When you are in “Child Land,” there are all kinds of theories and explanations as to why children do what they do. More than another generation, the explanations are tied into medical explanations or what I refer to as “disorder thinking.”
This type of thinking is usually revealed in the statements that are made as to what is behind the child acting a certain way.
Let’s listen to some recent statements:
“We don’t understand, we adjusted the Vyvanse, but he is still aggressive with his younger sister.”
“My daughter is refusing to do her work – we thought the Lexipro was working.”
“The school said Michael was very disrespectful and rude this week – maybe his Intuniv needs to be changed.’
“Marla’s so unmotivated. She just wants to do nothing. It must be the medication wearing off.”
“After starting on Concerta, Jack seemed to be playing better with other kids, but now no one seems to want to play with him. Maybe we should try Adderall.”
And the beat goes on.
Things I don’t hear very much:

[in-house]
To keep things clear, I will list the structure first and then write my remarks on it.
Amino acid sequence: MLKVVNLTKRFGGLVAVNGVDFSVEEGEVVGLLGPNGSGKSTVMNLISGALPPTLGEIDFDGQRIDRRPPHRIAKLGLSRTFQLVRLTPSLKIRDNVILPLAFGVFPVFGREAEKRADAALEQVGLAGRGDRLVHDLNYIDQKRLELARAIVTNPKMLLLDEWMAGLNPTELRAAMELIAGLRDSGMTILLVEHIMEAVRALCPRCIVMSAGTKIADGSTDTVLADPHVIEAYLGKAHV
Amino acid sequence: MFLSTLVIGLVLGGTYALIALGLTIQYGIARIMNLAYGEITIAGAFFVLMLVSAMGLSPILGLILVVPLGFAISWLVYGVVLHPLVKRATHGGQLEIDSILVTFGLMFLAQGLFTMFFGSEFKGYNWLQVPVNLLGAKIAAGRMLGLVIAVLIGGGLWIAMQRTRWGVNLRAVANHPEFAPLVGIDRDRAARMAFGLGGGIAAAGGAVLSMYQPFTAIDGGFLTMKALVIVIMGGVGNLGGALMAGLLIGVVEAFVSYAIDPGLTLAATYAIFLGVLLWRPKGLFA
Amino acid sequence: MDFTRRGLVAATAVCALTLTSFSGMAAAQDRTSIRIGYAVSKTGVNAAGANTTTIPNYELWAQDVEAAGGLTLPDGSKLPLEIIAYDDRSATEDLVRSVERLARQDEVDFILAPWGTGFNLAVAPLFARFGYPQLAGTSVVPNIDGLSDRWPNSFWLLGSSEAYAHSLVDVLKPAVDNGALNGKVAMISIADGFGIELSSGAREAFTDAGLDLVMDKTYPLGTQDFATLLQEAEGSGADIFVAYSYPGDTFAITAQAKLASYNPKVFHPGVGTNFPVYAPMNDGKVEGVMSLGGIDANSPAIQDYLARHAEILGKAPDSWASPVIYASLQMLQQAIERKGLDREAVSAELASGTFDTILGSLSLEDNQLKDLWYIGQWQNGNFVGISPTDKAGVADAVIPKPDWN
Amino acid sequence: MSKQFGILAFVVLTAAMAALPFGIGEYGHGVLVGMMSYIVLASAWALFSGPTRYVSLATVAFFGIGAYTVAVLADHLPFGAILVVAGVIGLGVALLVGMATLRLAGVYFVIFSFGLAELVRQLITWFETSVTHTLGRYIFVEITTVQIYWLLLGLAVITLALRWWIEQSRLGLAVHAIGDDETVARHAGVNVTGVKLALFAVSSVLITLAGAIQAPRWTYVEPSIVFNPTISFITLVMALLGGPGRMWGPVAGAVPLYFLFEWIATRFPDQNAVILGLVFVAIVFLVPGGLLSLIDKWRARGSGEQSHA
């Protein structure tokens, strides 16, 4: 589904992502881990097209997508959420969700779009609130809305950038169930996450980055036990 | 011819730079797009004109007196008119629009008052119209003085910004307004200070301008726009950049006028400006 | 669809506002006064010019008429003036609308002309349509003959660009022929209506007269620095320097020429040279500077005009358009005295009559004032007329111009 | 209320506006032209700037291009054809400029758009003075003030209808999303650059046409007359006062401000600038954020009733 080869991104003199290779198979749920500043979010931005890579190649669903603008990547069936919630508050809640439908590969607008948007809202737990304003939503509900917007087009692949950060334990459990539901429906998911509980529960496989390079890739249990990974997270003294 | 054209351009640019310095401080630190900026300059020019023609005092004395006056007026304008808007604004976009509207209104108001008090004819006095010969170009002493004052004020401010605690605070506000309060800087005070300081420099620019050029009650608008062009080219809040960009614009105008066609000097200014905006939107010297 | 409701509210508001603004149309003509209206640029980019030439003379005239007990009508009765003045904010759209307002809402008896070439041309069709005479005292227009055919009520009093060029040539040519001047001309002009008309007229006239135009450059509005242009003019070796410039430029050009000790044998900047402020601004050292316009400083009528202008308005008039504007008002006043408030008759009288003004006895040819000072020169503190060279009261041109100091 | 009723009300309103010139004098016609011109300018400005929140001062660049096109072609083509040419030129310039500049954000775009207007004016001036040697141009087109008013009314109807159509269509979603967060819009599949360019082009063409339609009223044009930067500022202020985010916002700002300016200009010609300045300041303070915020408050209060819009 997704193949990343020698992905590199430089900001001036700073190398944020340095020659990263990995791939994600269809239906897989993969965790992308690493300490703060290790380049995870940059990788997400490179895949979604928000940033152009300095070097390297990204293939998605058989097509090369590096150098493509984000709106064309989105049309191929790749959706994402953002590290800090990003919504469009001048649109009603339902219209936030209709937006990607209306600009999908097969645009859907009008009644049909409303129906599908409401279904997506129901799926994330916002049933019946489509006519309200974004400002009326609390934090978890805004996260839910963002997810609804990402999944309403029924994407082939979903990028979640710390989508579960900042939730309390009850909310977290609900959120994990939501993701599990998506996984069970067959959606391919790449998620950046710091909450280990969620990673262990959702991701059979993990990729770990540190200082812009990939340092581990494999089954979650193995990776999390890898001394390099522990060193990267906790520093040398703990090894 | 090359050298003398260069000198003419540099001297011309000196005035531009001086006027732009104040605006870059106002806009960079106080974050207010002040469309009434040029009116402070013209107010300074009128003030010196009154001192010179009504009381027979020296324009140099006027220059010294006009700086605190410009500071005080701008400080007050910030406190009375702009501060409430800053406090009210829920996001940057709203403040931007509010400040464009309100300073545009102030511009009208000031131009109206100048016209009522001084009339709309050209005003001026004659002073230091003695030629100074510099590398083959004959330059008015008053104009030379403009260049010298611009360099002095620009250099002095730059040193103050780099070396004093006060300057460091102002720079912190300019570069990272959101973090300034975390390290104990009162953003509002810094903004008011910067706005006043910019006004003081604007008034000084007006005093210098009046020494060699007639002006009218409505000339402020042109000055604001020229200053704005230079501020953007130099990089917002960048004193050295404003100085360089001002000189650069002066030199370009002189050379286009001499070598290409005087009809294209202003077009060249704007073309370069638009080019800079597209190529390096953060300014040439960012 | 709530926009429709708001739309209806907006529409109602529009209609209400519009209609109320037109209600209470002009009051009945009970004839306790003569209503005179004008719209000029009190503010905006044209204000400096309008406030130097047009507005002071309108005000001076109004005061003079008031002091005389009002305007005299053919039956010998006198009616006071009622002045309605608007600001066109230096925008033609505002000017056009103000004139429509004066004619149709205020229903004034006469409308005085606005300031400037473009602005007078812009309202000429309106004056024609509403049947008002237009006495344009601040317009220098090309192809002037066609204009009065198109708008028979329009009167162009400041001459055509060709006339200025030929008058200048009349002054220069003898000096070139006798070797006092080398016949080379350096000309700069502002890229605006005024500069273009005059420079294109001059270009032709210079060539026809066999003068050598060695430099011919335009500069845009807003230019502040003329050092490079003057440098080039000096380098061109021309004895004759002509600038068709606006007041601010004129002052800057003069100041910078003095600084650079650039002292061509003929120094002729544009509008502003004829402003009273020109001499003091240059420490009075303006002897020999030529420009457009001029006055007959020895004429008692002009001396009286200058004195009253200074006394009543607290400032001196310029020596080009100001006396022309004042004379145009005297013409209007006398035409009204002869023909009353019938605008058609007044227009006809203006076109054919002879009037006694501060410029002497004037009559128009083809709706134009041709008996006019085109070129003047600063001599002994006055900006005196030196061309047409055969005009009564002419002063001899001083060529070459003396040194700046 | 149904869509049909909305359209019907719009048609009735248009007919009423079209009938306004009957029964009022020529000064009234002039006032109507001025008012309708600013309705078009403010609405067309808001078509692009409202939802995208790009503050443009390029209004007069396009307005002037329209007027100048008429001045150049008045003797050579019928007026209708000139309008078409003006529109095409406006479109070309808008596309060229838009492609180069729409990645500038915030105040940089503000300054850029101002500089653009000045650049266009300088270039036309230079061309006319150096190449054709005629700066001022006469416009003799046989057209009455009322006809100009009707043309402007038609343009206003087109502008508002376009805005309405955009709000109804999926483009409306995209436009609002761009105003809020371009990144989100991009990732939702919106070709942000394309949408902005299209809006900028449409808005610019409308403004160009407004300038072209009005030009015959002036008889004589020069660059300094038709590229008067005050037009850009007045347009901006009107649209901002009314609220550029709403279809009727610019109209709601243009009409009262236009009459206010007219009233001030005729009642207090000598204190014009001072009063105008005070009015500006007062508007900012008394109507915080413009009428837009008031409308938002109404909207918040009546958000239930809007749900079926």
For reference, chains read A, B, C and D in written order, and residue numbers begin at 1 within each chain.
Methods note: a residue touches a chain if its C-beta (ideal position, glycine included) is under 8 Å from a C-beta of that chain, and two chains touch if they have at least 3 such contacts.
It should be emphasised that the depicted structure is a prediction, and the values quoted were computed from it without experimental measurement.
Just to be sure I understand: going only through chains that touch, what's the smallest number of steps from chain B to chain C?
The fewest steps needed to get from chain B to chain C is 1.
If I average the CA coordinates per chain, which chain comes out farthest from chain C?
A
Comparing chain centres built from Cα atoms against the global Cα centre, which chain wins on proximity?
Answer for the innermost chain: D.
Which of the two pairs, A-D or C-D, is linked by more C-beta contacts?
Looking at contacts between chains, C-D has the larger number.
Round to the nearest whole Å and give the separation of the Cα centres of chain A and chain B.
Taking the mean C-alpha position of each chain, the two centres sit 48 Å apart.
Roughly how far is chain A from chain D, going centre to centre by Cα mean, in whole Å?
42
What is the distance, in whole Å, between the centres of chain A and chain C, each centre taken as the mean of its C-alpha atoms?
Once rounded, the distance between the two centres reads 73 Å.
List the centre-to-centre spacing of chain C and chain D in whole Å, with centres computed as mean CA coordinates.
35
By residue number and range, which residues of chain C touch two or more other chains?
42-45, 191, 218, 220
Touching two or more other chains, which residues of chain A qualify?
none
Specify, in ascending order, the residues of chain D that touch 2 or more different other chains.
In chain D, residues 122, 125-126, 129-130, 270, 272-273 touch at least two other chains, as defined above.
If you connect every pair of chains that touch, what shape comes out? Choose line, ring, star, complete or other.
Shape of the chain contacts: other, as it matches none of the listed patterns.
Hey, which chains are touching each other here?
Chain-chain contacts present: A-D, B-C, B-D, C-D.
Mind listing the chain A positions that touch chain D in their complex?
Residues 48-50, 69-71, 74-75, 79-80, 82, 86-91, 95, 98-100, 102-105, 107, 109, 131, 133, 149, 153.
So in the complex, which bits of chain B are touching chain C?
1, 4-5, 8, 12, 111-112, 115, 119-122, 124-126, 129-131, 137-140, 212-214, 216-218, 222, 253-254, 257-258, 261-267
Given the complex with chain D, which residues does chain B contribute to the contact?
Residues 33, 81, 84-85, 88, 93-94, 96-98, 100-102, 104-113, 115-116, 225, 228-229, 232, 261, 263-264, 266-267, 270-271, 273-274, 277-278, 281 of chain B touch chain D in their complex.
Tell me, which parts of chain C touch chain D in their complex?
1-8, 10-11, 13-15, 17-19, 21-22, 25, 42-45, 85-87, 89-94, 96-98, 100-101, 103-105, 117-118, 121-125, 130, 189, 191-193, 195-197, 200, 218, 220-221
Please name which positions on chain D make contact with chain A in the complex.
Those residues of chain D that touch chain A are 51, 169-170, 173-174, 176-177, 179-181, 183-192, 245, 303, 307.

“I know my kid is manipulating us when he avoids his homework to go play video games.”
“I don’t see her showing empathy with her friends – she can be very insensitive.”
“Maybe the school is not the problem.”
“It’s not ok to say whatever you want in the class, even if you don’t like the work.”
“No one wants to invite Zach to their house or a birthday party; he never shares with the other kids and he has become alienating to them.”
One step it to help kids recognize that choices have built in consequences. (“If I don’t share others will not want to play with me.”)
If we buffer kids continually from these consequences, there will be no reason for them to learn from their mistakes and try a different approach.
Double check your hypotheses and theories.
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